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All Cry Chaos by Leonard Rosen

Those of you who have read more than one of these reviews will know I go on at length in sometimes quite complicated English. Worse, I often have more than one clause in each sentence, and routinely use words with more than two syllables. My apologies but this is the language in which I think. Insofar as I need a defence, I’m not trying to write a bestseller. This is just an outlet for me to express my personal opinions. Were I trying to get to the top of the New York Times bestseller list, I would change the style and write in more accessible English.

 

I begin in this way because All Cry Chaos by Leonard Rosen (Permanent Press, 2011) is something of an enigma. He prefers words like vomitous, wend and ringleted when nauseous, walk and curly-haired would do equally well. Yes, it’s unfair to pick out three words from the thousands, but it says something about an author’s intention when you study his vocabulary choices. For the record, he’s an academic writer crossing over into fiction. Insert a J and you have a man who teaches and writes about writing. Even more interesting is the melodrama of the opening. I’m not denying the emotional commitment of this Interpol detective to the chase, but our hero is curiously affected by this particular criminal. Indeed, his war crimes have disturbed the usual calm of this bloodhound. Then we have a book dotted with pictures of fractals and comparable matching natural/unnatural phenomena, and the text of the story slows down to accommodate a little of the theory behind this particular branch of mathematics — hence the title of the book. Taken overall, you might call this book erudite (i.e. potentially written for clever folk). Not, of course, that there’s anything wrong in writing for the upper band of the market, but it does somewhat limit sales when the presumed intention is to write a detective novel in a thrillerish mode.

 

From this opening you will understand All Cry Chaos is an ambitious first novel. It’s attempting to tell a good Interpol procedural story and say something about the human condition by reflecting on chaos theory. The nearest comparison is Death Qualified: A Mystery of Chaos by Kate Wilhelm which is a murder case for Brenda Holloway that flirts with the theory of chaos. I’ve always found the ending of the Wilhelm deeply annoying because it passes over the invisible genre line from a traditional investigation and murder trial into science fiction. Although Leonard Rosen is suggesting there may be a better predictive mathematical model, he more or less stays on the right side of the line. While the ability to predict does go further than current modelling permits, I was not offended by the possibility of more or less guaranteed financial returns on investment. That’s all part of the hype the math wonks put about to get jobs with the hedge funds. However, the Wilhelm investigation and description of the trial does stay firmly rooted in reality whereas Rosen has a somewhat less than credible view of the brand of justice meted out by some parts of the Interpol service. Although you might say our hero is something of a stickler for the rules of evidence and procedure, those around him have a more flexible view of how to fight crime. While I might sympathise with the clichéd notion that ends justify means, the idea such an approach might be endemic to a crime-fighting organisation is troubling. It suggests the possibility of officially-sanctioned vigilanteism.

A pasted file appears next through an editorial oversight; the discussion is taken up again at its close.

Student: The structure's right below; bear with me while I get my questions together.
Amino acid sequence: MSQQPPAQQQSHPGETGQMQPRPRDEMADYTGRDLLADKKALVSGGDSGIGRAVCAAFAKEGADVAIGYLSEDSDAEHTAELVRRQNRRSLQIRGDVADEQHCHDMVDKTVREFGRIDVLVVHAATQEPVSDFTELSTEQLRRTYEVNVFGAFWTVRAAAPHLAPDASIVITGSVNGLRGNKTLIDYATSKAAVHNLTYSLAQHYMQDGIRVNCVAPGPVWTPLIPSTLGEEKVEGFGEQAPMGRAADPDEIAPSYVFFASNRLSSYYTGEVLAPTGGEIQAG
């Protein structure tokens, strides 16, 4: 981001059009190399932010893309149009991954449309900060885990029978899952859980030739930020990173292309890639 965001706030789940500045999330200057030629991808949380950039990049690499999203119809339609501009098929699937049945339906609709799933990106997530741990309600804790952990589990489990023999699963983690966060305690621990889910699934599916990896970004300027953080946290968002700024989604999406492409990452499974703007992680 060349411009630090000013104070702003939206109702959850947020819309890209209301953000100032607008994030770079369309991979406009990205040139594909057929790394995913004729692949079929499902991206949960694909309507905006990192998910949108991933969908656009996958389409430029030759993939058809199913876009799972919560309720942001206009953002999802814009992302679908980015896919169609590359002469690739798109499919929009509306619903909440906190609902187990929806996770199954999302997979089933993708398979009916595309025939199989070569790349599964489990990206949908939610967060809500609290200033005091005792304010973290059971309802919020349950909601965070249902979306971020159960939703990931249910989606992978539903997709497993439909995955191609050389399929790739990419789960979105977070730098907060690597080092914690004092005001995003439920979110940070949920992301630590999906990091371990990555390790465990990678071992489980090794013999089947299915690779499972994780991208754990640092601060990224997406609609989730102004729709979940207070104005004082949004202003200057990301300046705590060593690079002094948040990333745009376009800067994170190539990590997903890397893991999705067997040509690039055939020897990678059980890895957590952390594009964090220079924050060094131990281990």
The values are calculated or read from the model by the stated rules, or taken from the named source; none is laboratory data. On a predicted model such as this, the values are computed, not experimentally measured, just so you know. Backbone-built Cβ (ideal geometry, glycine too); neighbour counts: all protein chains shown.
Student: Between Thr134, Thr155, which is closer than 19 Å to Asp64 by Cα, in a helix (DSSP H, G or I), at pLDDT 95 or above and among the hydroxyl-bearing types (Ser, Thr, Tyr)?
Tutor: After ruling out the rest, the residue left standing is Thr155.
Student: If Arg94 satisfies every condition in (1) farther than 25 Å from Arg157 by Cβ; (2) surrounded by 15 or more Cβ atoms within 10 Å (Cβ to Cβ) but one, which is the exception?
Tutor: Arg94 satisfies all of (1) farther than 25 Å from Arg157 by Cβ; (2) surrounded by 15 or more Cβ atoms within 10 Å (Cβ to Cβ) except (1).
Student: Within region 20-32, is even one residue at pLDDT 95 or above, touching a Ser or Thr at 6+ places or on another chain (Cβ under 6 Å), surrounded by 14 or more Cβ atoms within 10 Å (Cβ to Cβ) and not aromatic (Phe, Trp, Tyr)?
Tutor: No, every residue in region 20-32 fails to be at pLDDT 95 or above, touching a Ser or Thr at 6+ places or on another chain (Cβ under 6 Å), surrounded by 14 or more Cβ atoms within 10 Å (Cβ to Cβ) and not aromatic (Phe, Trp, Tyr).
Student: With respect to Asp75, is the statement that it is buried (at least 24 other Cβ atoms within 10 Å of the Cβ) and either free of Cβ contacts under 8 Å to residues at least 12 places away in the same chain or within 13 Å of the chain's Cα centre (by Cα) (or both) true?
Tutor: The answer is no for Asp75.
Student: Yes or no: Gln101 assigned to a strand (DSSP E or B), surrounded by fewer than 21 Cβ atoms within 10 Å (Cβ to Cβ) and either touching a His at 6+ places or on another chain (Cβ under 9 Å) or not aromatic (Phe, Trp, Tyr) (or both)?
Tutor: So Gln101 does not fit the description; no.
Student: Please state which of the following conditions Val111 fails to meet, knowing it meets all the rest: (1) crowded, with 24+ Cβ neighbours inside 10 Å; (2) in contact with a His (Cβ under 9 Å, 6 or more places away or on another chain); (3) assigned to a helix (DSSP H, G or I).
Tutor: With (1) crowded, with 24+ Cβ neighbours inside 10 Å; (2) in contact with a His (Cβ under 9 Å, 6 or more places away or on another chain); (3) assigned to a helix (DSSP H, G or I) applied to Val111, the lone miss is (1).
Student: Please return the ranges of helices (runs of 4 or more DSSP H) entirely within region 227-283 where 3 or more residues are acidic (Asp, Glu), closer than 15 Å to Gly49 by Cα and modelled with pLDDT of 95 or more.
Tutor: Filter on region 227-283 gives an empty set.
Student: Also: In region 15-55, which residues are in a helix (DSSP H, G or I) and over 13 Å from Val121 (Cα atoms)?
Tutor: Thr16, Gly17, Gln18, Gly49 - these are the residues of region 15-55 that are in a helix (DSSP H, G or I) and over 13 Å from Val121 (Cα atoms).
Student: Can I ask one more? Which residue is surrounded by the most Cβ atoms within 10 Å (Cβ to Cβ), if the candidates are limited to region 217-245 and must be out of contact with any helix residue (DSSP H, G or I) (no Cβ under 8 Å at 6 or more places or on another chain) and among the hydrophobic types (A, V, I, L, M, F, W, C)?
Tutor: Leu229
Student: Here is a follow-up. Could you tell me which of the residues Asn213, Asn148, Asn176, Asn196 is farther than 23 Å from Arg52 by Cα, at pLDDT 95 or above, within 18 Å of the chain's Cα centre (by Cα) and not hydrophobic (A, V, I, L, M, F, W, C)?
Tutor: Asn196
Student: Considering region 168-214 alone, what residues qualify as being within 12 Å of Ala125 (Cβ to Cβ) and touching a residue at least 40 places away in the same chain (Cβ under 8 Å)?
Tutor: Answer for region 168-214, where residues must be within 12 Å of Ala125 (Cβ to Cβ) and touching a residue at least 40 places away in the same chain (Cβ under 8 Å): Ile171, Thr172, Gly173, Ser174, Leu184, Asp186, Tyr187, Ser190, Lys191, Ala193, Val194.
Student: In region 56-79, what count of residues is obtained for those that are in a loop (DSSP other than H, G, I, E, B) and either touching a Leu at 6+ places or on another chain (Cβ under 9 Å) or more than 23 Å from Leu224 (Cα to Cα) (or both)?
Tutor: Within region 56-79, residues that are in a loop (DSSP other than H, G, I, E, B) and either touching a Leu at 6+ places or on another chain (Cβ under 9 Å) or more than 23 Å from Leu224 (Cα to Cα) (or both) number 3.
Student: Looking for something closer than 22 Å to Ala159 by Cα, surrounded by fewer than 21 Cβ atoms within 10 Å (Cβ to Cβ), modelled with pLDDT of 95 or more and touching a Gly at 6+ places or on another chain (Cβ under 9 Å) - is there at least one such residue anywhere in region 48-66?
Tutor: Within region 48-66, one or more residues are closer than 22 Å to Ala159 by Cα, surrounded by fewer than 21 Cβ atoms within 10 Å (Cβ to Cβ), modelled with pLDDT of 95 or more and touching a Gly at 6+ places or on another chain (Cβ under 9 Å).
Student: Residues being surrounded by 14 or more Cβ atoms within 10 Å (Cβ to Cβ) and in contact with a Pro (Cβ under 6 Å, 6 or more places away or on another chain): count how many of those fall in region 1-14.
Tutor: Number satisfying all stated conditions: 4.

Adding to the contradictions is this American author’s apparent approval of the International Criminal Court. This institution has been most consistently opposed by the US which is against granting criminal jurisdiction to any external body and so creating accountability for either its military personnel or political leaders. Yet the clear practice shown by Interpol in this novel represents a form of exceptionalism entirely consistent with neocon US foreign policy. Both before and, particularly, after an American takes over the management of Interpol, there’s a clear permissiveness when it comes to individuals taking action outside the formal rule structure. We readers are supposed to approve this muscular unilateralism because of the horror the author seeks to inspire from his descriptions of the massacre by Stipo Banovic.

 

So where does all this leave us? The answer comes from the nature of the story being told. All Cry Chaos is being trumpeted as the first of a series involving Henri Poincaré, a dedicated Interpol agent who doggedly pursues the unrighteous, no matter where they may lurk. In this instance, he picks up an unusual murder case in which an advanced rocket fuel is used as a murder weapon. The victim is almost completely incinerated in his hotel room by a very precisely focussed explosion. The solution to this crime is all rather elegant, emerging as Henri travels around Europe and visits America, talking with and interviewing a diverse range of people. This means the quality of the puzzle and its solution overcomes the clunkiness of the melodrama and the sentimentality of the ending on the family front. Relying on the theory that systems go through cycles of perturbation and then return to new patterns of stability is no excuse for this ending.

 

On balance, I’m impressed by this first attempt at fiction by this seasoned professional academic writer. For all I find fault with some aspects of the writing and plotting, I’m left with confidence the next book in the series, should he decide to write it, will be better. Leonard Rosen is someone to watch.

 

A copy of this book was sent to me for review.

 

For the record, All Cry Chaos was nominated for the 2012 Edgar for Best First Novel. For a review of the prequel, see The Tenth Witness

 

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